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How Australia's Fraught Refugee Solution Became The Whole World's Problem

And the 'tough' language that got us here.

03/02/2017 12:03 PM AEDT | Updated 03/02/2017 2:43 PM AEDT
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Press Conference with Prime Minister Malcolm Turnbull 23rd December 2016. Photo: Steven Siewert

Australia's controversial refugee deal with the United States has been thrown into disarray following a single tense phone call between Donald Trump and Malcolm Turnbull.

For the past 17 years Australia has intensely debated how it manages refugees and asylum seekers trying to get to Australia, with a particular emphasis on so-called 'boat people' -- people trying to arrive over the sea.

Tough political rhetoric and failed proposals to manage about 2000 asylum seekers held in Australian centres recently led to a deal with the United States to offload a large part of the group.

But following a heated phone call between Trump and Turnbull, that deal may be off, and pundits are still trying to determine if Australia's long term and unwavering alliance with the U.S. may need to change course.

Here are some of the events and statements that led Australia into a quagmire of immigration policy.

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In August 2001, the 'Tampa' affair set the scene for 17 years of intense immigration debate in Australia.

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"The Pacific solution was a cynical, costly and ultimately unsuccessful exercise..." Labor Immigration Minister Chris Evans, February 2008

A new Labor government largely dismantled the Howard-era immigration scheme.

By July 2011, the Labor Government of Julia Gillard signed a deal with the Malaysian -- dubbed the 'Malaysian Solution' -- a proposal where by Australia would swap 800 asylum seekers held in detention centres for 4000 refugees waiting in Malaysia for resettlement.

By November that year the high court ruled the proposal to send unwanted asylum seekers to Malaysia was illegal.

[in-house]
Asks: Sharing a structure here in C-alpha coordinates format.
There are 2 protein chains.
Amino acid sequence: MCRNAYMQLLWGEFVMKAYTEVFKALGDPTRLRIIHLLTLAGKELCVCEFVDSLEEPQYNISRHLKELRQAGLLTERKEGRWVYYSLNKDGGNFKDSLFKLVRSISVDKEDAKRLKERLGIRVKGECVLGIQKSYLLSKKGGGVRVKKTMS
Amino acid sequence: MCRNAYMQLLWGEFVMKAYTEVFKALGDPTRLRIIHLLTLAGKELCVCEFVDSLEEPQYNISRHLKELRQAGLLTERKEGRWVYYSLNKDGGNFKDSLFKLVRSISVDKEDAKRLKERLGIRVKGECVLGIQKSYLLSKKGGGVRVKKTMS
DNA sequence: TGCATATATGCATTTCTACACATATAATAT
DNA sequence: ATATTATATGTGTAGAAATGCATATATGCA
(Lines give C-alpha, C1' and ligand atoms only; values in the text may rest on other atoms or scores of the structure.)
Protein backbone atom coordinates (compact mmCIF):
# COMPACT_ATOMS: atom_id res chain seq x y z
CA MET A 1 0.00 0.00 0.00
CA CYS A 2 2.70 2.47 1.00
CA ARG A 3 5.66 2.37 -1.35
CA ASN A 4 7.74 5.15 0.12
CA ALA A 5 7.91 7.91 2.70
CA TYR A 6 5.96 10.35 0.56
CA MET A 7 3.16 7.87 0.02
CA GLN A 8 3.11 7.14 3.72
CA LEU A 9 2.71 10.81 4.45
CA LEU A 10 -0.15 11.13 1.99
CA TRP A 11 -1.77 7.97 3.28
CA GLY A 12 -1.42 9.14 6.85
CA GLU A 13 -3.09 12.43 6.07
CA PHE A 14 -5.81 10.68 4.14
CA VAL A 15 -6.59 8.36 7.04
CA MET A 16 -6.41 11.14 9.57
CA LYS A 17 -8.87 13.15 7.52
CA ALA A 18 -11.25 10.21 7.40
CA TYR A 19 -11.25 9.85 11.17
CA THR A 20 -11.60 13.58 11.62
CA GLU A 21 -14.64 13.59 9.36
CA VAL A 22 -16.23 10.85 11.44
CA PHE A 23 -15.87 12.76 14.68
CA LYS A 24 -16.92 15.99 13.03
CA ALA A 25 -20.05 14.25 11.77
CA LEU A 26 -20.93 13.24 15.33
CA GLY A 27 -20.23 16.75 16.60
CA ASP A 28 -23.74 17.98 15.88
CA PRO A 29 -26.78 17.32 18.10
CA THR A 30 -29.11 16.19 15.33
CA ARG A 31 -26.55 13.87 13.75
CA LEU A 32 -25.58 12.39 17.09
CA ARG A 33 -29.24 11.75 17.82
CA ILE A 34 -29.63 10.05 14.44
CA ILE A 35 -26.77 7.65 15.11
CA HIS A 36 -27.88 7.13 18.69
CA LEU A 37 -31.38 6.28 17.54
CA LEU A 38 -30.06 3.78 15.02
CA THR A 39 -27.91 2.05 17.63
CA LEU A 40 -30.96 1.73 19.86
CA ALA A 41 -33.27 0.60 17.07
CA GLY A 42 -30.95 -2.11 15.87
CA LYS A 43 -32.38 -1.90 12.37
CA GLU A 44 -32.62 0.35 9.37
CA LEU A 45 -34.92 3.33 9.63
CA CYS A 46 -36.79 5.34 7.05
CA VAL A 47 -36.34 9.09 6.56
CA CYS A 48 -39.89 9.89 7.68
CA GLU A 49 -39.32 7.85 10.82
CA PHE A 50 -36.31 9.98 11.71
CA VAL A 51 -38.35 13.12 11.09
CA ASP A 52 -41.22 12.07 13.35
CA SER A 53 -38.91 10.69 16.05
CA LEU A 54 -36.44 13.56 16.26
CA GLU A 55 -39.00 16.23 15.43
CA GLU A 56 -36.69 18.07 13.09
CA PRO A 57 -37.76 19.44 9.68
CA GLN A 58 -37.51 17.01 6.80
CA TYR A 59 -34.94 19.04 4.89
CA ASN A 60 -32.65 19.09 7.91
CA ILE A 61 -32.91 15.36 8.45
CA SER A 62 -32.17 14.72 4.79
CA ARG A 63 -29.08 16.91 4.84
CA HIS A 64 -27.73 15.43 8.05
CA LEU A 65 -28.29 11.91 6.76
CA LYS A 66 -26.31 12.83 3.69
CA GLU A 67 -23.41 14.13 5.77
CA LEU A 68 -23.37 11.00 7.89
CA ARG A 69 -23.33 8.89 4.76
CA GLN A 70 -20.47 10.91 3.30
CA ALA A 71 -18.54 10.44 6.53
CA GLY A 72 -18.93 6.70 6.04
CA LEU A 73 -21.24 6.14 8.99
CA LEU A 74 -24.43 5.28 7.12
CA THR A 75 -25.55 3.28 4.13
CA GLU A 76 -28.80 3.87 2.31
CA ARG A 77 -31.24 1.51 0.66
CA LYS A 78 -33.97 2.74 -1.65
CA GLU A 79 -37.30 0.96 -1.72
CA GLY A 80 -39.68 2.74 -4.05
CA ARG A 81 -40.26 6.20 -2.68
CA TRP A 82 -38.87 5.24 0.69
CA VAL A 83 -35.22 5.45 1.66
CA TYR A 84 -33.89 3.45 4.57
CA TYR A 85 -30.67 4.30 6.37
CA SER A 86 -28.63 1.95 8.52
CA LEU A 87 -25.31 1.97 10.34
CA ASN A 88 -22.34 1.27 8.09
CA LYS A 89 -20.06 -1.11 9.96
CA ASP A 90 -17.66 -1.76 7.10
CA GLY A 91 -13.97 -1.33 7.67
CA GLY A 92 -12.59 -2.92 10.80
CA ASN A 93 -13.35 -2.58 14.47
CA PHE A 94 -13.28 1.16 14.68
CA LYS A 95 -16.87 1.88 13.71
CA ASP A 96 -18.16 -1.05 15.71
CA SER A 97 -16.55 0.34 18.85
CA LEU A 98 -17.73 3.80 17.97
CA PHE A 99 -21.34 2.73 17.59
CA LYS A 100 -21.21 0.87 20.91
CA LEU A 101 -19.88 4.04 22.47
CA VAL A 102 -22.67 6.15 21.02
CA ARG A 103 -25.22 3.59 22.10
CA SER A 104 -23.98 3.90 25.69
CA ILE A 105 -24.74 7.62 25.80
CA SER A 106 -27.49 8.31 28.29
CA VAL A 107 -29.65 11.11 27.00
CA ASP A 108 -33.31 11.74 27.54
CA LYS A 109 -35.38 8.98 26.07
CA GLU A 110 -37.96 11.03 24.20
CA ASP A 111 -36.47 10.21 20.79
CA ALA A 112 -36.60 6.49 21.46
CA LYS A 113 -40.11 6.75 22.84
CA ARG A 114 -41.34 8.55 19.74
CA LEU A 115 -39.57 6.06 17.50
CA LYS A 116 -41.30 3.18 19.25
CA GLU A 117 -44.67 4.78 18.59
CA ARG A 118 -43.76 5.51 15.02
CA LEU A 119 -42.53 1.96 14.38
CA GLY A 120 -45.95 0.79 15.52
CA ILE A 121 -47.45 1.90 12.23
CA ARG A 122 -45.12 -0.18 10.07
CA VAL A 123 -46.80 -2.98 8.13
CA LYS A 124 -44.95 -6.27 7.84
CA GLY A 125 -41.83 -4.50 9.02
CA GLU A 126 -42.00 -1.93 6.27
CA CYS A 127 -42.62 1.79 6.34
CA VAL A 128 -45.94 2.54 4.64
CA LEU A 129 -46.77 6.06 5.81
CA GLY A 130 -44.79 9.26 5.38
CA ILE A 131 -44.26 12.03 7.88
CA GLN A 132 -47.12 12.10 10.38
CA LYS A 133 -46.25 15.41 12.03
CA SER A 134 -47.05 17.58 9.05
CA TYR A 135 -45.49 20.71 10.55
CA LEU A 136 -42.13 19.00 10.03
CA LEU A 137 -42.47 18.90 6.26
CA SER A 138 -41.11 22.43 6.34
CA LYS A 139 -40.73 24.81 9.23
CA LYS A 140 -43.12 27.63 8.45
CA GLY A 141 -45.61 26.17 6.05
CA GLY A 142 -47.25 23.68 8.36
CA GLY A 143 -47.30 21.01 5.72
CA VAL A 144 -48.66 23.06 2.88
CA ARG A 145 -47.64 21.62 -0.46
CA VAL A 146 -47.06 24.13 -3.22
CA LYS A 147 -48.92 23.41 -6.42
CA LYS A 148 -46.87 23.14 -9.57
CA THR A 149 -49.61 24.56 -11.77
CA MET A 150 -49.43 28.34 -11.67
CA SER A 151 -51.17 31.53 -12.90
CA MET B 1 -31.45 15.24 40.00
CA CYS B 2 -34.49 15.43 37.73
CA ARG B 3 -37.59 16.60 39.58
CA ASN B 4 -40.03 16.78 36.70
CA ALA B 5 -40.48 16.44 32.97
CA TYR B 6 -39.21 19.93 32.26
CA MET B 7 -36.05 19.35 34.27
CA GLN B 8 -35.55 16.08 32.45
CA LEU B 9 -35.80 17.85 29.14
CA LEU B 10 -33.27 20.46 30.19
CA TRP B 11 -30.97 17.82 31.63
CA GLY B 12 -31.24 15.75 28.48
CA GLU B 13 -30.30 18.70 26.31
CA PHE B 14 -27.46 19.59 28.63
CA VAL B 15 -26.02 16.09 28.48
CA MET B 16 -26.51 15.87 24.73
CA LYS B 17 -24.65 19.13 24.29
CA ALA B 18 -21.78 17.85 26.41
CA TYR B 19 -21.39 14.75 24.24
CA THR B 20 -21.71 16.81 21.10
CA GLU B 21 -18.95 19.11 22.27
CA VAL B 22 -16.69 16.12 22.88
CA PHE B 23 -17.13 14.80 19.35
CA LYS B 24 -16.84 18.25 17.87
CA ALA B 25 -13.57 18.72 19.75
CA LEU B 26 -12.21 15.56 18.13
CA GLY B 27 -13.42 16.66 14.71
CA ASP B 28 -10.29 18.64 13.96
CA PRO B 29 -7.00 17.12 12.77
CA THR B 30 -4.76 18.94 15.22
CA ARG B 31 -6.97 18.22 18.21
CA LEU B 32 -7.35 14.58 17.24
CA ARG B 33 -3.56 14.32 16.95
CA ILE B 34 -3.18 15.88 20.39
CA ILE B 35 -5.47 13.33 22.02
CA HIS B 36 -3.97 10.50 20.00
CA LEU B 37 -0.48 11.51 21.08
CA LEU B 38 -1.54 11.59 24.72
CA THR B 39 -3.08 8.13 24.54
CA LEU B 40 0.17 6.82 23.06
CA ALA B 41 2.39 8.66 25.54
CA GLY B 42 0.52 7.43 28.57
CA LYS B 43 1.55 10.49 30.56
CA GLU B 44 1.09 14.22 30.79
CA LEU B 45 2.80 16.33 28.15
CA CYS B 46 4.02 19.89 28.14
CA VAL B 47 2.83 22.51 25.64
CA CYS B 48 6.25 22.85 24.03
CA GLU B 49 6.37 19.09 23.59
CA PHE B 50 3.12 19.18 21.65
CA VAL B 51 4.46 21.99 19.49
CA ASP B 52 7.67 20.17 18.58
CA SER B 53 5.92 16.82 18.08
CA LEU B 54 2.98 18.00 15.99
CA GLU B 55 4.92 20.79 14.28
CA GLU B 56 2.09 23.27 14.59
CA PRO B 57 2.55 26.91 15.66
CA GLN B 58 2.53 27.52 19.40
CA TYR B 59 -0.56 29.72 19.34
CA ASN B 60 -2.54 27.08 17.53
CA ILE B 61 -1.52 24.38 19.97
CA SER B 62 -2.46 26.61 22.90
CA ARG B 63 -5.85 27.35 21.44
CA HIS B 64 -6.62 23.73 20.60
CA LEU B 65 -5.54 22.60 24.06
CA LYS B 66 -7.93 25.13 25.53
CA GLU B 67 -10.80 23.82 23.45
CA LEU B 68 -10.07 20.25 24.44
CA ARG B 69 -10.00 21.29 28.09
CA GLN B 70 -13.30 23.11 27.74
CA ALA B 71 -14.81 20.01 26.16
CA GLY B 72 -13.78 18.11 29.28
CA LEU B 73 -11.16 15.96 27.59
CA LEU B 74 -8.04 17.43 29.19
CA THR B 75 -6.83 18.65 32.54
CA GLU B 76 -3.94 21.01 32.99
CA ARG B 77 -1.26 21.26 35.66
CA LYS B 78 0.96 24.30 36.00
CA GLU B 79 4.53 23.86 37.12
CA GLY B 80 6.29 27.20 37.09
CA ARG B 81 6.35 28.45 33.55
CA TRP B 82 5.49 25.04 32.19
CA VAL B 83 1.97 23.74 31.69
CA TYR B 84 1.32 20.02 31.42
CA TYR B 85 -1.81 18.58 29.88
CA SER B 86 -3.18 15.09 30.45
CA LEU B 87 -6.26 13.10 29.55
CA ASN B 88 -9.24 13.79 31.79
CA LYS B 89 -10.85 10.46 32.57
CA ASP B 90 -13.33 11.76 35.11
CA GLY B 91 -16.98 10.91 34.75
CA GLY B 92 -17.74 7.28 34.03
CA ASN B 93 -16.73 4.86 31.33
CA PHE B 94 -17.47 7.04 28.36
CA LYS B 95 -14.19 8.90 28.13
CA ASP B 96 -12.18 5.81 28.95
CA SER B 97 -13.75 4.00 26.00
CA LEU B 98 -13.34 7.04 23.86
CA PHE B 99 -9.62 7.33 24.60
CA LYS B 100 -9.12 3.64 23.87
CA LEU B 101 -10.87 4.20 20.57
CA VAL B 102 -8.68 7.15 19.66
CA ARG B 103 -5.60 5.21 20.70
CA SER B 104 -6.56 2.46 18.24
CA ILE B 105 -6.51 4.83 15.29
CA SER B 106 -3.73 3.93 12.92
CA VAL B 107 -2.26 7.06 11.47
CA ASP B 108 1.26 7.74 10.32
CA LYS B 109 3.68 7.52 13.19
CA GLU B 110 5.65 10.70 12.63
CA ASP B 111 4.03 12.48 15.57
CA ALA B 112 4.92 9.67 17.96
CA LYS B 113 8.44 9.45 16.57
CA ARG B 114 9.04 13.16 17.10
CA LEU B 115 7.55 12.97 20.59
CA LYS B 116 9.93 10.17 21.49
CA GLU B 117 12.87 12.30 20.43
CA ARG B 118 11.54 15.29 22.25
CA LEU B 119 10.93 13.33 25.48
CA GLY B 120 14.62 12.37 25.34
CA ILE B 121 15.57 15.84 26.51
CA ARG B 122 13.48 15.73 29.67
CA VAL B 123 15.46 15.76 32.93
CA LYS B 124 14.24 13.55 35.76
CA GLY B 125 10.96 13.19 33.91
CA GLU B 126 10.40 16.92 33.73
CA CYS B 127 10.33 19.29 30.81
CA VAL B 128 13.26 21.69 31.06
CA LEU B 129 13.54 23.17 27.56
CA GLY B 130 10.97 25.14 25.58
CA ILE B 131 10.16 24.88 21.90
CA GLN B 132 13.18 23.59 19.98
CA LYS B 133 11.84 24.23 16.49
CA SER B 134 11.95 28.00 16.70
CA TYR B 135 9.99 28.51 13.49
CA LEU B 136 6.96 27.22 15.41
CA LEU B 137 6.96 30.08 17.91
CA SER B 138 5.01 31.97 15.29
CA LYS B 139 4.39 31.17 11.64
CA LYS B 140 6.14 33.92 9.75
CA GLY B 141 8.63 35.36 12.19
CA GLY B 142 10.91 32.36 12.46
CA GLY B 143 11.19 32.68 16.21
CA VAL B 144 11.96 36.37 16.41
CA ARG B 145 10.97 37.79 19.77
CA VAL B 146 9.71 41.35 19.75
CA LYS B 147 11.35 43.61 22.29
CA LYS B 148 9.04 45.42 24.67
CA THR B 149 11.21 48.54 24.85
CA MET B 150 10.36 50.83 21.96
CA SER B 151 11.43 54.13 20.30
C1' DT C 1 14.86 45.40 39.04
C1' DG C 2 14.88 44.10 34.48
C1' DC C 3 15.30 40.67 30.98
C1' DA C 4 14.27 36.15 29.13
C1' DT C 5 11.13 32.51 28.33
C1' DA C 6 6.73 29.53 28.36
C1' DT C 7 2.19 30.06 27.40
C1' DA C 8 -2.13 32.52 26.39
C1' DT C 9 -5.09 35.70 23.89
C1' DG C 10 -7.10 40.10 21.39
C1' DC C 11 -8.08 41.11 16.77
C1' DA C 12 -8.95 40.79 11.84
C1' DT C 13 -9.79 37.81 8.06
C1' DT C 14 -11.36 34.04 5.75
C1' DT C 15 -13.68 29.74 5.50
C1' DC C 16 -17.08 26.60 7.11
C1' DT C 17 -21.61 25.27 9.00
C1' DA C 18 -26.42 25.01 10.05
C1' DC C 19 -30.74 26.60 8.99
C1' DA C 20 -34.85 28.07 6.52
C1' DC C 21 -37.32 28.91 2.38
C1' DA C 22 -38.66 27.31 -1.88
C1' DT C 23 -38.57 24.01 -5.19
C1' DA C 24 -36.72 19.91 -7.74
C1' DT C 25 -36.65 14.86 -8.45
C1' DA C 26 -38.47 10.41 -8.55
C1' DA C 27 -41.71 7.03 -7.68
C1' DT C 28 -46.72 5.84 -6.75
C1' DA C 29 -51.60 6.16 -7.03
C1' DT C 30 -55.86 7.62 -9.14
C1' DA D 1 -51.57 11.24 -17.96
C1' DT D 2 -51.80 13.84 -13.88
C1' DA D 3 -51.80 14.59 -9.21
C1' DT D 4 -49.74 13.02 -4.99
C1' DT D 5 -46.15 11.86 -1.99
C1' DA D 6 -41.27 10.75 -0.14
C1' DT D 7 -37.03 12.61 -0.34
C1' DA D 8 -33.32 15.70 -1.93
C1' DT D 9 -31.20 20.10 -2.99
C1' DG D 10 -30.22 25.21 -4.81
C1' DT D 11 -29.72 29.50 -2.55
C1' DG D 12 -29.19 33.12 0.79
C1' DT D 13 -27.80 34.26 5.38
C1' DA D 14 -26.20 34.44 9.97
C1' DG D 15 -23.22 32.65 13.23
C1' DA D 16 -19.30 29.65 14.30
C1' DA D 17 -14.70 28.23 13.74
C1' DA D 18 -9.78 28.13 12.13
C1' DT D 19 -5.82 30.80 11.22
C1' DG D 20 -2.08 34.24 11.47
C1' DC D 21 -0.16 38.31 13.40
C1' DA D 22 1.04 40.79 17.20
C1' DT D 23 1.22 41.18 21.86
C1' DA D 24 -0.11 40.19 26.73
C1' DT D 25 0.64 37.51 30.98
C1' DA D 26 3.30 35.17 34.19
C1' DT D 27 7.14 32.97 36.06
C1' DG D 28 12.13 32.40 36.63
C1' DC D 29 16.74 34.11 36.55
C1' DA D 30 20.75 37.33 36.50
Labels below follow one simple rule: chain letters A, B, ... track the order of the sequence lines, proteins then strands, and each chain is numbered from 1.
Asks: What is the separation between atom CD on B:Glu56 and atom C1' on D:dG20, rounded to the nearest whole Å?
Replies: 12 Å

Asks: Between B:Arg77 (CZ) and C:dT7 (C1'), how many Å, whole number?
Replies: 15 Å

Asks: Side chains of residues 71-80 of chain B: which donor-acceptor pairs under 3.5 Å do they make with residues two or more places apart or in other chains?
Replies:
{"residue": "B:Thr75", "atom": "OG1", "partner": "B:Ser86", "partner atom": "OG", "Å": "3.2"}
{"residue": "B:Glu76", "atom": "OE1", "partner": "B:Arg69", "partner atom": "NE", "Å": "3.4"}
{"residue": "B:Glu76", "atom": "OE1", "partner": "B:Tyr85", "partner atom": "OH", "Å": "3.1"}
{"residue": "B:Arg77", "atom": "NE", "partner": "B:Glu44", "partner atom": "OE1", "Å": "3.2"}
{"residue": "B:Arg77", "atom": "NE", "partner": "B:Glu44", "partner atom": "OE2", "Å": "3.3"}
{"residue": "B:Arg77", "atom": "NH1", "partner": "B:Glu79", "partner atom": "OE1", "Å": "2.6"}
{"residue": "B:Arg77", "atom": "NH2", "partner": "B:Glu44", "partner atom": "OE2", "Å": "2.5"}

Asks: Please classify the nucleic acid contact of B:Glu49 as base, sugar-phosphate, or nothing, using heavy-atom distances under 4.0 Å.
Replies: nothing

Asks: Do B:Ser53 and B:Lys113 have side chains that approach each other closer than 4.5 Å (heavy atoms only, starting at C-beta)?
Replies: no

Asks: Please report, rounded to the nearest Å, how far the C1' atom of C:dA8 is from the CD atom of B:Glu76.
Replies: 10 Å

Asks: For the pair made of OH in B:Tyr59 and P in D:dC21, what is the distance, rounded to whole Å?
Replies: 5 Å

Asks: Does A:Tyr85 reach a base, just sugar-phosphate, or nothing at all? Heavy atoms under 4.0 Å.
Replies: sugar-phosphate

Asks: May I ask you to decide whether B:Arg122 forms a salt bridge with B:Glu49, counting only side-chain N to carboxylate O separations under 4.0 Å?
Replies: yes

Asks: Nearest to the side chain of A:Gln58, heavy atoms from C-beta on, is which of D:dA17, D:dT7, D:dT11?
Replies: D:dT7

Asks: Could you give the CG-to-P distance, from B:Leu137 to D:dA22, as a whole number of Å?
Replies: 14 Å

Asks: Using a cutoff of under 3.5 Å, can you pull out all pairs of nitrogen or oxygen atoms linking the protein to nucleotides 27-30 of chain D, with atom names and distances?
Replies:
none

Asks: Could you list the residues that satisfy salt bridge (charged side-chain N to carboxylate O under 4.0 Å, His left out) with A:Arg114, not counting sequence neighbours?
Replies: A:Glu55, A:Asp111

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Labor gets tougher on Immigration and begins reintroducing stronger language and measures after a government-appointed expert panel recommended a number of policy changes, including reintroducing the 'Pacific Solution.'

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Prime Minister Kevin Rudd, pictured above shortly after reclaiming the office of Prime Minister from colleague Julia Gillard, Rudd announces tougher measures during a joint press conference with Prime Minister Peter O'Neill in Papua New Guinea.

Between 2008 and July 2013 close to 900 asylum seekers reportedly died -- 15 committed suicide or died of natural causes in detention centres, while about 860 died trying to get to the Australian mainland.

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"This is one of the most serious external situations that we have faced in many a long year."Tony Abbott, 2013

Tony Abbott, in 2013, appointed three star General Angus Campbell to head Operation Sovereign Borders By January 2014, less than six months into Operation Sovereign borders, the government is faced criticism over its 'secretive' methods.

By September 2014 the Abbott Government signed another controversial refugee swap deal with Cambodia. Ultimately it is not successful and costs the taxpayer $55 million while three of the five refugees who arrived in Cambodia under the deal returned to their countries of origin.

In August of 2016, the Supreme Court of Papua New Guinea rules the Manus Island detention centre is breaches a constitutional right to liberty. PNG Prime Minister Peter O'Neill says the Manus Island regional processing centre will be closed.

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The Federal government says it will not interfere with its agreement with Papua New Guinea, and removes the "detention" component of the facility. Asylum seekers who cannot work on the Island are "free to come and go".

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Immigration Minister Peter Dutton -- who had his title changed to Minister of Immigration and Border Protection following the 2013 election that saw the coalition come to power -- sparked controversy in November 2016 by targeting Lebanese Muslims during parliamentary question time.

That same month, he and Turnbull announced a one off deal with the outgoing administration of Barack Obama for the U.S. to take 1250 refugees living on Nauru and Manus Island.

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Two weeks into his first term, U.S. President Donald Trump and Turnbull had a row over the deal while on the phone.

Turnbull said Trump will honour the deal, but Trump tweeted that while he'll study it, he thinks it's "dumb".

As with all things involving President Trump, the future remains uncertain.

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